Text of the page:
Chanel’s “Feminist” Protest Wasn’t All That Great For Women

You don’t need to be a CNN buff to get it: Between the unrest in the Middle East, police violence in Ferguson, this week’s uprisings in Hong Kong, and New York's recent, massive march for climate change, there are plenty of issues worth protesting. But, when Karl Lagerfeld staged a “feminist protest” earlier today for Chanel’s Paris runway show, it felt, well, a bit twisted.
Held on the faux avenue “Boulevard Chanel No.5” built into the Grand Palais, the march featured Cara Delevingne shouting slogans into her quilted, Chanel-branded megaphone while a model army including Kendall Jenner, Joan Smalls, Edie Campbell, Georgia May Jagger, and Gisele Bundchen marched behind her, waving signs emblazoned with rather tepid political slogans like "Free Freedom" (whatever that means), “Ladies Rights Are More Than Alright” (gee, thanks Karl), and "Make Fashion Not War" (hmm). A lone male model marched under a "He For She" banner in a nod to Emma Watson's Lean In-style CTA for male feminist allies.
Other signs were more fashion-focused, such as the ones reading, "Be Your Own Stylist" and "Tweed is better than tweet.” Then, there was the eyebrow-furrowing “Boys should get pregnant, too.” If Karl was aiming at a sexy, Situationist-style melding of fashion and agitprop, we can't say his model army succeeded. The lukewarm slogans simply didn't say much, while the spectacle of luxuriously clad models stomping to Chaka Khan’s "I'm Every Woman" lent the event the air of an oddly jovial fashion circus more than a statement. Attendees didn't seem to know how to interpret it, either: "Not sure how to feel about [this]," read one of Susie Bubble's Instagram captions.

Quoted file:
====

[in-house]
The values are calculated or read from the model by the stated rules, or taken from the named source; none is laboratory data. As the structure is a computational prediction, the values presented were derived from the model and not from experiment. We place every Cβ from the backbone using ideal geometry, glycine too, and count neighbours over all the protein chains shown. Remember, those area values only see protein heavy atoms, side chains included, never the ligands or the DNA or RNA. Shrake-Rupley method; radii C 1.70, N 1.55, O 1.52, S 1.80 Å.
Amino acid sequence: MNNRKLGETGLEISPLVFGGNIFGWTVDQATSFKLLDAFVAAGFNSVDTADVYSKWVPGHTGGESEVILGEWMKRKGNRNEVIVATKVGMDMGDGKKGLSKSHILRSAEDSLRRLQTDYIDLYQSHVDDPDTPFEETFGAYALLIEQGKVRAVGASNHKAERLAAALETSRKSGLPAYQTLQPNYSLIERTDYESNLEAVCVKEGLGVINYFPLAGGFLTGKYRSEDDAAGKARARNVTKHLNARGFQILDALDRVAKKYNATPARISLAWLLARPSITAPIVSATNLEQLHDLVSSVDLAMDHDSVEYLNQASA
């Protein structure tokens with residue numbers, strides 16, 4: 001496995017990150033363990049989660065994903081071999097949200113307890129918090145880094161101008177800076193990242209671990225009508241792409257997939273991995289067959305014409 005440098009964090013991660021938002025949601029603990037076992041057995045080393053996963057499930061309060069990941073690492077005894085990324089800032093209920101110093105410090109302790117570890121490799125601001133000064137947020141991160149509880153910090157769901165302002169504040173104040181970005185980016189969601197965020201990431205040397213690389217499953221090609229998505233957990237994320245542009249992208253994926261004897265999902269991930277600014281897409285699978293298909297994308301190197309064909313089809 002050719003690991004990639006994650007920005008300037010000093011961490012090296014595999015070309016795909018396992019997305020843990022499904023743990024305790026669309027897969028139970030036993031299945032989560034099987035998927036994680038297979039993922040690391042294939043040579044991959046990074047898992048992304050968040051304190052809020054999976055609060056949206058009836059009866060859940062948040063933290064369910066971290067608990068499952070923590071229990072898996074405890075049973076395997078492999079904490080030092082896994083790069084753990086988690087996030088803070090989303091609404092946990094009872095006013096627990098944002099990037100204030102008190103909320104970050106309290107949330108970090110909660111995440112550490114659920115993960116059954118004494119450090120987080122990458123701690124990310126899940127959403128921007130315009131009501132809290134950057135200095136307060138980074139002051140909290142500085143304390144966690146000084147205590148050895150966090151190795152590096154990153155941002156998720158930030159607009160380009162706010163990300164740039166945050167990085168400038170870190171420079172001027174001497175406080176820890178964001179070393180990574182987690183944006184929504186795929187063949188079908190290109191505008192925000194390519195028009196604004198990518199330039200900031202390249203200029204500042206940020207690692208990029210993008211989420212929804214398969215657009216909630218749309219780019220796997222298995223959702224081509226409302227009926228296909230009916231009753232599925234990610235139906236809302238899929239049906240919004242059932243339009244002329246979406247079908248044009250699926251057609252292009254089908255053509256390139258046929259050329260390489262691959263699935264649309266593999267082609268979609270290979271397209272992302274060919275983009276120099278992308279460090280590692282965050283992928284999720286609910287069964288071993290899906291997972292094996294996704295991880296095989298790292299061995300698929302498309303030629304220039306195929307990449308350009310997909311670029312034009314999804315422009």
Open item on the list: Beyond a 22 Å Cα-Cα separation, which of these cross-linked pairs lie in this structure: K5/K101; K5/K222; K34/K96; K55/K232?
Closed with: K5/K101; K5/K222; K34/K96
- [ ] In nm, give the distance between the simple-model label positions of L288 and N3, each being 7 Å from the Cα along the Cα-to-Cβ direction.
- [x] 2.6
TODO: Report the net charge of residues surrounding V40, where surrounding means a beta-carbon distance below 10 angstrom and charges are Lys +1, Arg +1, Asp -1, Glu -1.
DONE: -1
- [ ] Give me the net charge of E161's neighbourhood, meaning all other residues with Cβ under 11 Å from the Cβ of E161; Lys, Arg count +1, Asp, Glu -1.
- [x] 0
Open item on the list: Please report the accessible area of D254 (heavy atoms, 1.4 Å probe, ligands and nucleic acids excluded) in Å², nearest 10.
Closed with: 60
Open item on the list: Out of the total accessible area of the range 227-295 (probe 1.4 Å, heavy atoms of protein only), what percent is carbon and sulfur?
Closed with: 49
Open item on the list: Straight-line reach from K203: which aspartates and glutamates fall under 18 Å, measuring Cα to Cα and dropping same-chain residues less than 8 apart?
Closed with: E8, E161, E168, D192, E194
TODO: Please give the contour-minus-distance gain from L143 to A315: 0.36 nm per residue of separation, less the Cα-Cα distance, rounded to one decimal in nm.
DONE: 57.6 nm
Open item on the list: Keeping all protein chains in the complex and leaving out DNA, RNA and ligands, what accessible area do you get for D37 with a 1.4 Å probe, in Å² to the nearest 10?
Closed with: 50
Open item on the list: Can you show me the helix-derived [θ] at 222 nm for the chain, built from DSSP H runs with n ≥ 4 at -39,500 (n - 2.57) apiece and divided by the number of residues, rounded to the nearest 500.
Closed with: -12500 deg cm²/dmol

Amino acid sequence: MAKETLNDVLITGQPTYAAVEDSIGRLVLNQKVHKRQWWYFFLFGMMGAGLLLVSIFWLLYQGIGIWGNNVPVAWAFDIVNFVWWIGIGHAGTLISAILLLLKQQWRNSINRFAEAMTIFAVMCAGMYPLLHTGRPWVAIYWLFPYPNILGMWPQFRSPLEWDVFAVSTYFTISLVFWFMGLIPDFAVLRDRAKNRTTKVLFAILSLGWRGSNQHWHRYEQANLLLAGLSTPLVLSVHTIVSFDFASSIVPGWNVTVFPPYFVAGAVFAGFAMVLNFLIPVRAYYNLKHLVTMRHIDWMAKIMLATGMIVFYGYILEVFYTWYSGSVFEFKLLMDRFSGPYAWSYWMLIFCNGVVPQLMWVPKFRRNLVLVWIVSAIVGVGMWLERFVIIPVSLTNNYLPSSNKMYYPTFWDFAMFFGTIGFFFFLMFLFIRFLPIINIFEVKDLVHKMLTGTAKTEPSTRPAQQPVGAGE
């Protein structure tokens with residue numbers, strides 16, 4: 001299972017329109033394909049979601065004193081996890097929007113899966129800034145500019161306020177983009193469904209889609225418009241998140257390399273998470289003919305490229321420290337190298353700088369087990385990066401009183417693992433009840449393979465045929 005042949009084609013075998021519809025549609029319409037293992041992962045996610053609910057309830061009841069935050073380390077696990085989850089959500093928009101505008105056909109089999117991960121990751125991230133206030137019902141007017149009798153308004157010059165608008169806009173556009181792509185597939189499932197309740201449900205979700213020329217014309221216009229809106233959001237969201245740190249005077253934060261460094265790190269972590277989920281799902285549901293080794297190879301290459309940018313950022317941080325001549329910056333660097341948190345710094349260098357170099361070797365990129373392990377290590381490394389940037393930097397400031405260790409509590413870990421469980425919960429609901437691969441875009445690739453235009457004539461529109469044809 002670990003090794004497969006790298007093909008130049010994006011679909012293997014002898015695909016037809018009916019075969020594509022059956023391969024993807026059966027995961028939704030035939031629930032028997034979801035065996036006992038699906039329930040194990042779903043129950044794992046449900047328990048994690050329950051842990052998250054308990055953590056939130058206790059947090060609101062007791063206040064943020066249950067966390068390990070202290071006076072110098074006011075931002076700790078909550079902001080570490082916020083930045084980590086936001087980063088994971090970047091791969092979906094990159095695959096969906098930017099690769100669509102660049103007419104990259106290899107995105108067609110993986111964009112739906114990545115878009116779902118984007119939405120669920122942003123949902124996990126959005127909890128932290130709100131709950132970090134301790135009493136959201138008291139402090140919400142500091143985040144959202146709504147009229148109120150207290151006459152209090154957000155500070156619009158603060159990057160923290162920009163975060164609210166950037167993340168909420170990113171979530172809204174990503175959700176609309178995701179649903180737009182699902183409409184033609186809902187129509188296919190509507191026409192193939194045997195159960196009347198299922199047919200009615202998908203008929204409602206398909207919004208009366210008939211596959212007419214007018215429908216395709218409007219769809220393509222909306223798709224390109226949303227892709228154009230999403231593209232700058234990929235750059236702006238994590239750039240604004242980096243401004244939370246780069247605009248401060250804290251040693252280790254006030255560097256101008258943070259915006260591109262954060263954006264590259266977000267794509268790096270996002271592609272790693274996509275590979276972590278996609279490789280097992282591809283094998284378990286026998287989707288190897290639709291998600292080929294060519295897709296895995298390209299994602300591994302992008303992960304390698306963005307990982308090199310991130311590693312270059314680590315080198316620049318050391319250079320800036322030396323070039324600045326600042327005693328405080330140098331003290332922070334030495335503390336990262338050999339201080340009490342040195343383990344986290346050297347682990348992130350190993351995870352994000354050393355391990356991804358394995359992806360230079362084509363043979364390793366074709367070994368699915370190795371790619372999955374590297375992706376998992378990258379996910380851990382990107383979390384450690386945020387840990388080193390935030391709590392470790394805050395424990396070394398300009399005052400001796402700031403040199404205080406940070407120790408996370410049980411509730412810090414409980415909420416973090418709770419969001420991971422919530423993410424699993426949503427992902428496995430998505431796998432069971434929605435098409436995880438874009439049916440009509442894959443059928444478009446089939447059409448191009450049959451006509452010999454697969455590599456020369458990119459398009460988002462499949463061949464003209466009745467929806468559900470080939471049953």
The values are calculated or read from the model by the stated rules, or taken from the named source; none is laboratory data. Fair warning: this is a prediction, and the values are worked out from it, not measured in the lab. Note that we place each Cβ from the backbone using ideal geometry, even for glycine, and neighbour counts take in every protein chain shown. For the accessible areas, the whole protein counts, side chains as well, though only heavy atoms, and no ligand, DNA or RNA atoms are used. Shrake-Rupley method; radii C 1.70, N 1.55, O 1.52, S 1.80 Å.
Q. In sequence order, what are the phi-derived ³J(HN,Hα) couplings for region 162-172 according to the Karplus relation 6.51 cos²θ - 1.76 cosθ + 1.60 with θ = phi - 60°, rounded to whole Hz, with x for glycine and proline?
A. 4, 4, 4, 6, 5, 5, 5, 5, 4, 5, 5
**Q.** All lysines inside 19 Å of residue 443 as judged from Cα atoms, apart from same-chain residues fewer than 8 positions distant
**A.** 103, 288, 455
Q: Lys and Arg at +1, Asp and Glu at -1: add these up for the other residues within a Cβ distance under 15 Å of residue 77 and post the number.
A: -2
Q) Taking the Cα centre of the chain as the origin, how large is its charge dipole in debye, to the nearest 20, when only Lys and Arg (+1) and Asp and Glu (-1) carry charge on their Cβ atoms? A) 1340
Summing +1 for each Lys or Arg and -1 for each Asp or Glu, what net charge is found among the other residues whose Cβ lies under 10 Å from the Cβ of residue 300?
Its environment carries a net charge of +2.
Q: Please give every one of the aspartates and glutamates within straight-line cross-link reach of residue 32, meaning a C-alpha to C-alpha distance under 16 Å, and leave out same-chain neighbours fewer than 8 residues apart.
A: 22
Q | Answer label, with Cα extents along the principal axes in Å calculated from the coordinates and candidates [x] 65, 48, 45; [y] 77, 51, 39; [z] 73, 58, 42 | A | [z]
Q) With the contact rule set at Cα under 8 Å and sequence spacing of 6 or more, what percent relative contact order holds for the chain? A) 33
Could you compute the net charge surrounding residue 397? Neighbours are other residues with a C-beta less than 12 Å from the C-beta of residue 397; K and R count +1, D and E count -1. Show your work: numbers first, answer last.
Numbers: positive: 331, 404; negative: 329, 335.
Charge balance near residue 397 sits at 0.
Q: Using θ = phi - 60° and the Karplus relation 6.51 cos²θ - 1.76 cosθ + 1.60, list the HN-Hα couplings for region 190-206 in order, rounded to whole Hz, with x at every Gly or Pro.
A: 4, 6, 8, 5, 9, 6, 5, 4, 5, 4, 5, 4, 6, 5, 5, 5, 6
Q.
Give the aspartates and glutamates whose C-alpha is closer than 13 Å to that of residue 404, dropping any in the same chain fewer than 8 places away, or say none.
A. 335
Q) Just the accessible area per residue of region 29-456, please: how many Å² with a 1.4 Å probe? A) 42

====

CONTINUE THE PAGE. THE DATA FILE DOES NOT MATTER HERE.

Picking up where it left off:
Of course, the joy of fashion is its ability to take the pulse of the world and transform it into interesting, clever, and intelligent collections. And, in this, Chanel often succeeds with a subversive wink. But, when real-world protests are interpreted as a "trend," rife for runway copying, and urgent issues are reduced to vague, jejune sloganeering, something's off. Like last season's Chanel supermarket runway show, this season presents protest as pure product, the irony of which we suspect Karl is both aware, and presides over with a provocative, Warholian glee. But, that self-awareness doesn't make the event feel less empty, nor leave us less befuddled.
Click ahead to see more Chanel slogans.
1Photo: Via @jlminkoff.
2Photo: Via @margaret__zhang.
3Photo: Via @theagg.
4Photo: Via @chungalexa.
5Photo: Via @janekeltnerdev.
6Photo: Via @manrepeller.
7Photo: Via @chungalexa.

More from Designers

R29 Original Series